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cs229-notes11

# cs229-notes11 - CS229 Lecture notes Andrew Ng Part XII...

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Unformatted text preview: CS229 Lecture notes Andrew Ng Part XII Independent Components Analysis Our next topic is Independent Components Analysis (ICA). Similar to PCA, this will find a new basis in which to represent our data. However, the goal is very different. As a motivating example, consider the “cocktail party problem.” Here, n speakers are speaking simultaneously at a party, and any microphone placed in the room records only an overlapping combination of the n speakers’ voices. But lets say we have n different microphones placed in the room, and because each microphone is a different distance from each of the speakers, it records a different combination of the speakers’ voices. Using these microphone record- ings, can we separate out the original n speakers’ speech signals? To formalize this problem, we imagine that there is some data s ∈ R n that is generated via n independent sources. What we observe is x = As, where A is an unknown square matrix called the mixing matrix . Repeated observations gives us a dataset { x ( i ) ; i = 1 , . . . , m } , and our goal is to recover the sources s ( i ) that had generated our data ( x ( i ) = As ( i ) ). In our cocktail party problem, s ( i ) is an n-dimensional vector, and s ( i ) j is the sound that speaker j was uttering at time i . Also, x ( i ) in an n-dimensional vector, and x ( i ) j is the acoustic reading recorded by microphone j at time i . Let W = A- 1 be the unmixing matrix. Our goal is to find W , so that given our microphone recordings x ( i ) , we can recover the sources by computing s ( i ) = W x ( i ) . For notational convenience, we also let w T i denote 1 2 the i-th row of W , so that W = — w T 1 — . . . — w T n — . Thus, w i ∈ R n , and the j-th source can be recovered by computing s ( i ) j = w T j x ( i ) . 1 ICA ambiguities To what degree can W = A- 1 be recovered? If we have no prior knowledge about the sources and the mixing matrix, it is not hard to see that there are some inherent ambiguities in A that are impossible to recover, given only the x ( i ) ’s. Specifically, let P be any n-by- n permutation matrix. This means that each row and each column of P has exactly one “1.” Here’re some examples of permutation matrices: P = 1 1 1 ; P = 1 1 ; P = 1 1 . If z is a vector, then P z is another vector that’s contains a permuted version of z ’s coordinates. Given only the x ( i ) ’s, there will be no way to distinguish between W and P W . Specifically, the permutation of the original sources is ambiguous, which should be no surprise. Fortunately, this does not matter for most applications....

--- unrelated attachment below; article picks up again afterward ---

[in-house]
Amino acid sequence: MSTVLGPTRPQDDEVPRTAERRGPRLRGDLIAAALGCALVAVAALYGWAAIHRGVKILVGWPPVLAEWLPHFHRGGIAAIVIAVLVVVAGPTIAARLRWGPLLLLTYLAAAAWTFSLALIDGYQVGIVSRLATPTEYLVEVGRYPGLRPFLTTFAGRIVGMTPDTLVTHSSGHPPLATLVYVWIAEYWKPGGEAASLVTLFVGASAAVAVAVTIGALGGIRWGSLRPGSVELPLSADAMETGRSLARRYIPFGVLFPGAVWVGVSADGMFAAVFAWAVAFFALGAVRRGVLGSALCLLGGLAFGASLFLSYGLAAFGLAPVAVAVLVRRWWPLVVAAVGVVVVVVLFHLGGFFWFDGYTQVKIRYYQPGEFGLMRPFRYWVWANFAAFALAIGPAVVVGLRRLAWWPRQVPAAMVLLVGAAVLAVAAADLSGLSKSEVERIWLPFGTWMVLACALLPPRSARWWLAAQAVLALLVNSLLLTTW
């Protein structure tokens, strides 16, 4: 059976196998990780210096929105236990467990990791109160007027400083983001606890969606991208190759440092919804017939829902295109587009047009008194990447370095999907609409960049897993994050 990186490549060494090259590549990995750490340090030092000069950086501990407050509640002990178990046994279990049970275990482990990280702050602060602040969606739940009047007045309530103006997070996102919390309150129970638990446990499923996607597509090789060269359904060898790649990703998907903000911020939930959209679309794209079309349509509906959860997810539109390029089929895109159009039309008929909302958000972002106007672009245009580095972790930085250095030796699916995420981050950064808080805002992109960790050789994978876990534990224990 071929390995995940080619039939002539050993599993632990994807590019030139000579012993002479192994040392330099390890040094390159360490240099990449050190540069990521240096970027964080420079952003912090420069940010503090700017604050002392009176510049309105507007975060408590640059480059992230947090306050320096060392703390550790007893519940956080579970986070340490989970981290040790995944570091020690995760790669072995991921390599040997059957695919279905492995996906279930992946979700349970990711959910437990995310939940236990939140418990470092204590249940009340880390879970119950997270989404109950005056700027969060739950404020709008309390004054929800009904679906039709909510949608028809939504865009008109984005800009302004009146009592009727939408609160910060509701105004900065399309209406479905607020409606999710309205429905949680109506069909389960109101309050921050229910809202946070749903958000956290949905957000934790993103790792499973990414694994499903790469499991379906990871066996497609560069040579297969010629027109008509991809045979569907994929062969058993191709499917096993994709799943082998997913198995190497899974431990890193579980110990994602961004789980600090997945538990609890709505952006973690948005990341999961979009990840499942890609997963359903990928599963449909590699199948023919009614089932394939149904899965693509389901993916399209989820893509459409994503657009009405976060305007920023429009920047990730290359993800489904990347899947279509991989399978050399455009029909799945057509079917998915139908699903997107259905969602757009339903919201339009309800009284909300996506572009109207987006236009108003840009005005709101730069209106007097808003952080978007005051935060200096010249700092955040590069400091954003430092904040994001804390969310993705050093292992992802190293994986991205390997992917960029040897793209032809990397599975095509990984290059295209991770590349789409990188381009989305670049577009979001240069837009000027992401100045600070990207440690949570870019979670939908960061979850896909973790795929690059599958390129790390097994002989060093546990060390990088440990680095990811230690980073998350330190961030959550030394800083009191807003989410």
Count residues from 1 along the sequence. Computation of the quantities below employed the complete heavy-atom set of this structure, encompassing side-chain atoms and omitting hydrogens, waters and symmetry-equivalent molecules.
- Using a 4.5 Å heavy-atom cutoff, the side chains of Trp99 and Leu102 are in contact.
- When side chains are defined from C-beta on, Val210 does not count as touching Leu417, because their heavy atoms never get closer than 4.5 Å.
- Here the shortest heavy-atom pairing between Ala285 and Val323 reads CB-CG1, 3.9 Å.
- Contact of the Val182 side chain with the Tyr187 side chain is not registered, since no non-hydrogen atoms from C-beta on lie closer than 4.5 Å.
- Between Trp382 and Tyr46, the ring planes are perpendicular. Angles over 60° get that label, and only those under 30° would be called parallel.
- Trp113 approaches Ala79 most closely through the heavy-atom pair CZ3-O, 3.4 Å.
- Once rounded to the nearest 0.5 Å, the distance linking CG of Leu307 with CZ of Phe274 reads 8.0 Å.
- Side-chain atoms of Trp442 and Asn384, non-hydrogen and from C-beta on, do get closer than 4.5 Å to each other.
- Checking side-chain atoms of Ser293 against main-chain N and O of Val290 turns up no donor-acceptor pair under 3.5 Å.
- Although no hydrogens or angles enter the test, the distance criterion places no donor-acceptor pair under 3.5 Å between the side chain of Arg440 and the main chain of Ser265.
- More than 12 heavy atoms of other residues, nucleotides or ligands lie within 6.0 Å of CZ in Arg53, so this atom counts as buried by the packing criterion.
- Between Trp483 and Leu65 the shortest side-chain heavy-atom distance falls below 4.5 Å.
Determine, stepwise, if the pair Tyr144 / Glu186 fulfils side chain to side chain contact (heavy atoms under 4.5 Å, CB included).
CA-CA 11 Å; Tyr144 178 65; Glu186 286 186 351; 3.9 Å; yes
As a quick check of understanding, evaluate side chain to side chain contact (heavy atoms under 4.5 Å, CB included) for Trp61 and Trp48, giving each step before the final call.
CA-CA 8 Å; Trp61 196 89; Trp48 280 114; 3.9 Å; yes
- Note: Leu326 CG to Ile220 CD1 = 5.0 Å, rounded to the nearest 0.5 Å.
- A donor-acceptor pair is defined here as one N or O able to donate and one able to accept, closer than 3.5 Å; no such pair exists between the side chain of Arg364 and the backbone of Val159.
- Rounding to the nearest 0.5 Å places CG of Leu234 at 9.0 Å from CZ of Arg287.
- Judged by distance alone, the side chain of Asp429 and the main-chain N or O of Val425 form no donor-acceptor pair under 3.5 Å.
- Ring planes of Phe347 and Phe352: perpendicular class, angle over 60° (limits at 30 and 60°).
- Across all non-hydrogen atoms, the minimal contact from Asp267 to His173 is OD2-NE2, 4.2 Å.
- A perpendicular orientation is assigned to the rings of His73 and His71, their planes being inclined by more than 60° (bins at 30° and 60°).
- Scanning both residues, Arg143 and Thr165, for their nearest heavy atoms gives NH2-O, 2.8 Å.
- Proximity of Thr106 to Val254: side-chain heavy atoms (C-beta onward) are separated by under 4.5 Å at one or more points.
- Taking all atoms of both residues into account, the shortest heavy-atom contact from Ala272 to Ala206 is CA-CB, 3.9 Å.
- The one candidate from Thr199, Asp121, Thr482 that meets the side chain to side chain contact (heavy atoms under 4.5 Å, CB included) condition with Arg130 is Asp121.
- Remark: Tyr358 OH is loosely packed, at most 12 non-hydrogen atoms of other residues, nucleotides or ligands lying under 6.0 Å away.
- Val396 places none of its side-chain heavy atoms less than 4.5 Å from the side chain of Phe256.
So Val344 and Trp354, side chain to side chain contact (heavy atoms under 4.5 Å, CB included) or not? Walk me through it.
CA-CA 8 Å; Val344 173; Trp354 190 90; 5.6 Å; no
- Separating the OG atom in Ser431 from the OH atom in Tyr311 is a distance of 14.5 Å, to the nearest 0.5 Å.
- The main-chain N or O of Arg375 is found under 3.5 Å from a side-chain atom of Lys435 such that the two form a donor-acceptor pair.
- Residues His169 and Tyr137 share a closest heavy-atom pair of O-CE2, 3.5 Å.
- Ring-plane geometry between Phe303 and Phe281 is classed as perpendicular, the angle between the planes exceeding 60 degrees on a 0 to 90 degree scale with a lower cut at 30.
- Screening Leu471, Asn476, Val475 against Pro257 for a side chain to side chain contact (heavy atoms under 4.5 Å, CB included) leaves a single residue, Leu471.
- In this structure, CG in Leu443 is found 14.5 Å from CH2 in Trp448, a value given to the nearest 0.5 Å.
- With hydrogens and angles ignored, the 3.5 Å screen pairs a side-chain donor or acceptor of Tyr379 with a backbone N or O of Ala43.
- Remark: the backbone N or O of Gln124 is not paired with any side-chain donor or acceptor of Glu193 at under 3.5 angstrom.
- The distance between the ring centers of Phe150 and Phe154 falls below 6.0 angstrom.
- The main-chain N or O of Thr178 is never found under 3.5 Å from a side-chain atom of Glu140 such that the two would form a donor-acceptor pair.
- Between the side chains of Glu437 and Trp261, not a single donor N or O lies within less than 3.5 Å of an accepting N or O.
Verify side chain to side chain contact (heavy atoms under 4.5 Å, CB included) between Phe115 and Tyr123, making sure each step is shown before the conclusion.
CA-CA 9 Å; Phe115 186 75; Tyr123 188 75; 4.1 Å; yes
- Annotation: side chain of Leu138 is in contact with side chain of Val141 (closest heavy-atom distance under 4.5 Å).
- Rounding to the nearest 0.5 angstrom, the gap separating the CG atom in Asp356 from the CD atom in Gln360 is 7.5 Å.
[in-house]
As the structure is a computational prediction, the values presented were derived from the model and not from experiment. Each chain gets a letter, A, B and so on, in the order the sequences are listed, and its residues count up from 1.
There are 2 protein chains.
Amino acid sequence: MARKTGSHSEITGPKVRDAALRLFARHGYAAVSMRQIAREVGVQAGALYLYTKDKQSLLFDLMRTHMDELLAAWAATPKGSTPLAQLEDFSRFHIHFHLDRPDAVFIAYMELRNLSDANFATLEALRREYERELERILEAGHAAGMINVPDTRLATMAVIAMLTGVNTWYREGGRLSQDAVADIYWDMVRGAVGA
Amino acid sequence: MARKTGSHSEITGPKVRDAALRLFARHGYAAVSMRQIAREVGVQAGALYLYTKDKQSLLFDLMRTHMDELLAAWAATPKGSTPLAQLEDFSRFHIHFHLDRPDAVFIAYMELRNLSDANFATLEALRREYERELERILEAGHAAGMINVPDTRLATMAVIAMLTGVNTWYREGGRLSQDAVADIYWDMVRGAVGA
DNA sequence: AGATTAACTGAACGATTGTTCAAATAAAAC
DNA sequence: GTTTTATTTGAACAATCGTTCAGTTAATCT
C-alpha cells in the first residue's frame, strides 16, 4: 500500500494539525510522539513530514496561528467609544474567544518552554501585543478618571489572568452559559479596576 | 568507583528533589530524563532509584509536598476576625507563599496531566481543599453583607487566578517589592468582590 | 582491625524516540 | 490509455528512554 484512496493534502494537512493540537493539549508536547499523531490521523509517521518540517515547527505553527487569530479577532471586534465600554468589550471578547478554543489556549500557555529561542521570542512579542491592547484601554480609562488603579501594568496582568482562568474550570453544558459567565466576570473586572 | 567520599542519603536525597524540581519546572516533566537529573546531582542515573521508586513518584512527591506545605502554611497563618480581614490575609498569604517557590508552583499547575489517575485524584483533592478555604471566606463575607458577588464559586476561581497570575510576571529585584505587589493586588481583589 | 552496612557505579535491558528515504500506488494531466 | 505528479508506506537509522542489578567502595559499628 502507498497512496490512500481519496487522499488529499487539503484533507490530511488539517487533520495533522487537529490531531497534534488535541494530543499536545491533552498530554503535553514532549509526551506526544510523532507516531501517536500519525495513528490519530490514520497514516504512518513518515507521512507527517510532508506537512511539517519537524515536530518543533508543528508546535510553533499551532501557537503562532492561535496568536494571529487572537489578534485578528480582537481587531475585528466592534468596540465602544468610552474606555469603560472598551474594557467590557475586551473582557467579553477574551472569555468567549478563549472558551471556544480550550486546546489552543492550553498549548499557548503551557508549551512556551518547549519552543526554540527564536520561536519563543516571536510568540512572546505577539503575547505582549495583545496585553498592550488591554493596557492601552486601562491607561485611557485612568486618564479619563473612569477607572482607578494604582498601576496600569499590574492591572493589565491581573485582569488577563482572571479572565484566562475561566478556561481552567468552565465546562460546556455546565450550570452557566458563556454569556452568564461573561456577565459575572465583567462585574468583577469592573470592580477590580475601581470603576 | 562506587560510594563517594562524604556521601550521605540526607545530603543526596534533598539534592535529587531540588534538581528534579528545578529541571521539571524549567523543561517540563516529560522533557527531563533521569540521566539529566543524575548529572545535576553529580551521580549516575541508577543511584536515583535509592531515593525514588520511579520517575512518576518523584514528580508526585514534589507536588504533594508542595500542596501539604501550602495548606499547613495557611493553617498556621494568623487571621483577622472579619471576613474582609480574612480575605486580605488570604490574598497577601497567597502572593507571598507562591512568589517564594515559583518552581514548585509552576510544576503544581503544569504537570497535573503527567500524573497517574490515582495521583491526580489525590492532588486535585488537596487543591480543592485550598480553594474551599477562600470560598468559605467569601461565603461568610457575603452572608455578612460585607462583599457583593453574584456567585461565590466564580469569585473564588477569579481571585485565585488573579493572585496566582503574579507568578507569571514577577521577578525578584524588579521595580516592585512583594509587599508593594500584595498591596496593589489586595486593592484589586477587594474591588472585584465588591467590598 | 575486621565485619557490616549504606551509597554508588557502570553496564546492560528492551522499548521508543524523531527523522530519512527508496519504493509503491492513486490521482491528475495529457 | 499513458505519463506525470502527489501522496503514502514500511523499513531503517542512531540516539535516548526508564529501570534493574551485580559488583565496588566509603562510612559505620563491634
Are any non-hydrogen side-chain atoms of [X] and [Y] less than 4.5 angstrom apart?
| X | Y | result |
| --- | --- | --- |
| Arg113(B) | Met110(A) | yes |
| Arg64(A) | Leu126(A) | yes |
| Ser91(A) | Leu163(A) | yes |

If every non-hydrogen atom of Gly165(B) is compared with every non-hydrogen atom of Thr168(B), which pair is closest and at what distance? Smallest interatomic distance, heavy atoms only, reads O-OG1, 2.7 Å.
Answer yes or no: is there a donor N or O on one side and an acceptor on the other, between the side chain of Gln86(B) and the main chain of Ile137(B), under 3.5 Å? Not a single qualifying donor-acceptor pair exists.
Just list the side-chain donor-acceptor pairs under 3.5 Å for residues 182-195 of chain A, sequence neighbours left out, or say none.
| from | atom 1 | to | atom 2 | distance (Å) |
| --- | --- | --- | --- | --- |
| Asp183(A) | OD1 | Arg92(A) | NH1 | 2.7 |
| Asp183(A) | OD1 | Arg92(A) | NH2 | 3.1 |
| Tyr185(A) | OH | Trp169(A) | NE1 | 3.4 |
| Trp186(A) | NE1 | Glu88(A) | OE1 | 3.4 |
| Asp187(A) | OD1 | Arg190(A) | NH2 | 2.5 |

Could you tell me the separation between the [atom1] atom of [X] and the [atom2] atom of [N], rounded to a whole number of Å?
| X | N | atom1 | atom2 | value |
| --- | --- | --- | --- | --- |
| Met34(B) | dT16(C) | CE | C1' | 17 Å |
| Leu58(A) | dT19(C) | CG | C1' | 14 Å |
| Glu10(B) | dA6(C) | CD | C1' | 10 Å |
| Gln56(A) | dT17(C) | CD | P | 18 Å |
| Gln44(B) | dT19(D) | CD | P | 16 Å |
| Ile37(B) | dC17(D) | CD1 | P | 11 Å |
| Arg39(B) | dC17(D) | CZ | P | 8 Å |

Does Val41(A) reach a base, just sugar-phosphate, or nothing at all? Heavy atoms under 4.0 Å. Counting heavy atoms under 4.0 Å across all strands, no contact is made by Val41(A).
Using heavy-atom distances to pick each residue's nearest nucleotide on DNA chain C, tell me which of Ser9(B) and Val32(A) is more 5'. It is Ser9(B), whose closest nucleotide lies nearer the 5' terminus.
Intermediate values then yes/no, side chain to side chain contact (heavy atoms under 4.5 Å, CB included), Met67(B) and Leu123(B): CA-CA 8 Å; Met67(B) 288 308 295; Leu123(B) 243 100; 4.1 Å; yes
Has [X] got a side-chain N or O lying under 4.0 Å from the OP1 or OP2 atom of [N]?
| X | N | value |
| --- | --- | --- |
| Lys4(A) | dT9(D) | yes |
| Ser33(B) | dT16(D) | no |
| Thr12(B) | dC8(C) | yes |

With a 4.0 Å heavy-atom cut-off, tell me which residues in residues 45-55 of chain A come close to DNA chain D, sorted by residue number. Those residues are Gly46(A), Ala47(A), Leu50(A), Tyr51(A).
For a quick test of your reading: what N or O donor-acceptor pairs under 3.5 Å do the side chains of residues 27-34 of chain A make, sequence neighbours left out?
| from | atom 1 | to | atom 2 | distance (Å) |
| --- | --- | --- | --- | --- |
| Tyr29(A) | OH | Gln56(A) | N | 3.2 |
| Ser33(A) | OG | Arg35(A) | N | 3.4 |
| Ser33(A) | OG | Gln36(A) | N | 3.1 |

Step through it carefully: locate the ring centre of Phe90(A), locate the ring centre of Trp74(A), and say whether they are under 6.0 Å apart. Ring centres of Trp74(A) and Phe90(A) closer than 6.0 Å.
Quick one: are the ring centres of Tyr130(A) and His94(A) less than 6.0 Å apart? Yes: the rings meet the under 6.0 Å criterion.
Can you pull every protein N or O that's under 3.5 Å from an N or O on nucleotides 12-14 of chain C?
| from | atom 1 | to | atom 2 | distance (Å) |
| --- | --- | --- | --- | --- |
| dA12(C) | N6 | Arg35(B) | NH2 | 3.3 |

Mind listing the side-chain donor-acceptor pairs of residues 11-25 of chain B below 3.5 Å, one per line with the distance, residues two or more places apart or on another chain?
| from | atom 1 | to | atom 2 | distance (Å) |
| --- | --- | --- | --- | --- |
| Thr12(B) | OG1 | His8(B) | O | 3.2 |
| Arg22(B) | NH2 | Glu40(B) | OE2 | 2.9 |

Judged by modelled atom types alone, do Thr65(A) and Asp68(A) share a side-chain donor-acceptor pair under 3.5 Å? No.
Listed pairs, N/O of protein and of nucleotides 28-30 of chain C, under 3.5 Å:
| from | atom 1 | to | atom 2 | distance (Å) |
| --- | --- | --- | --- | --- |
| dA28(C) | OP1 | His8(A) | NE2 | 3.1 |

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cs229-notes11 - CS229 Lecture notes Andrew Ng Part XII...

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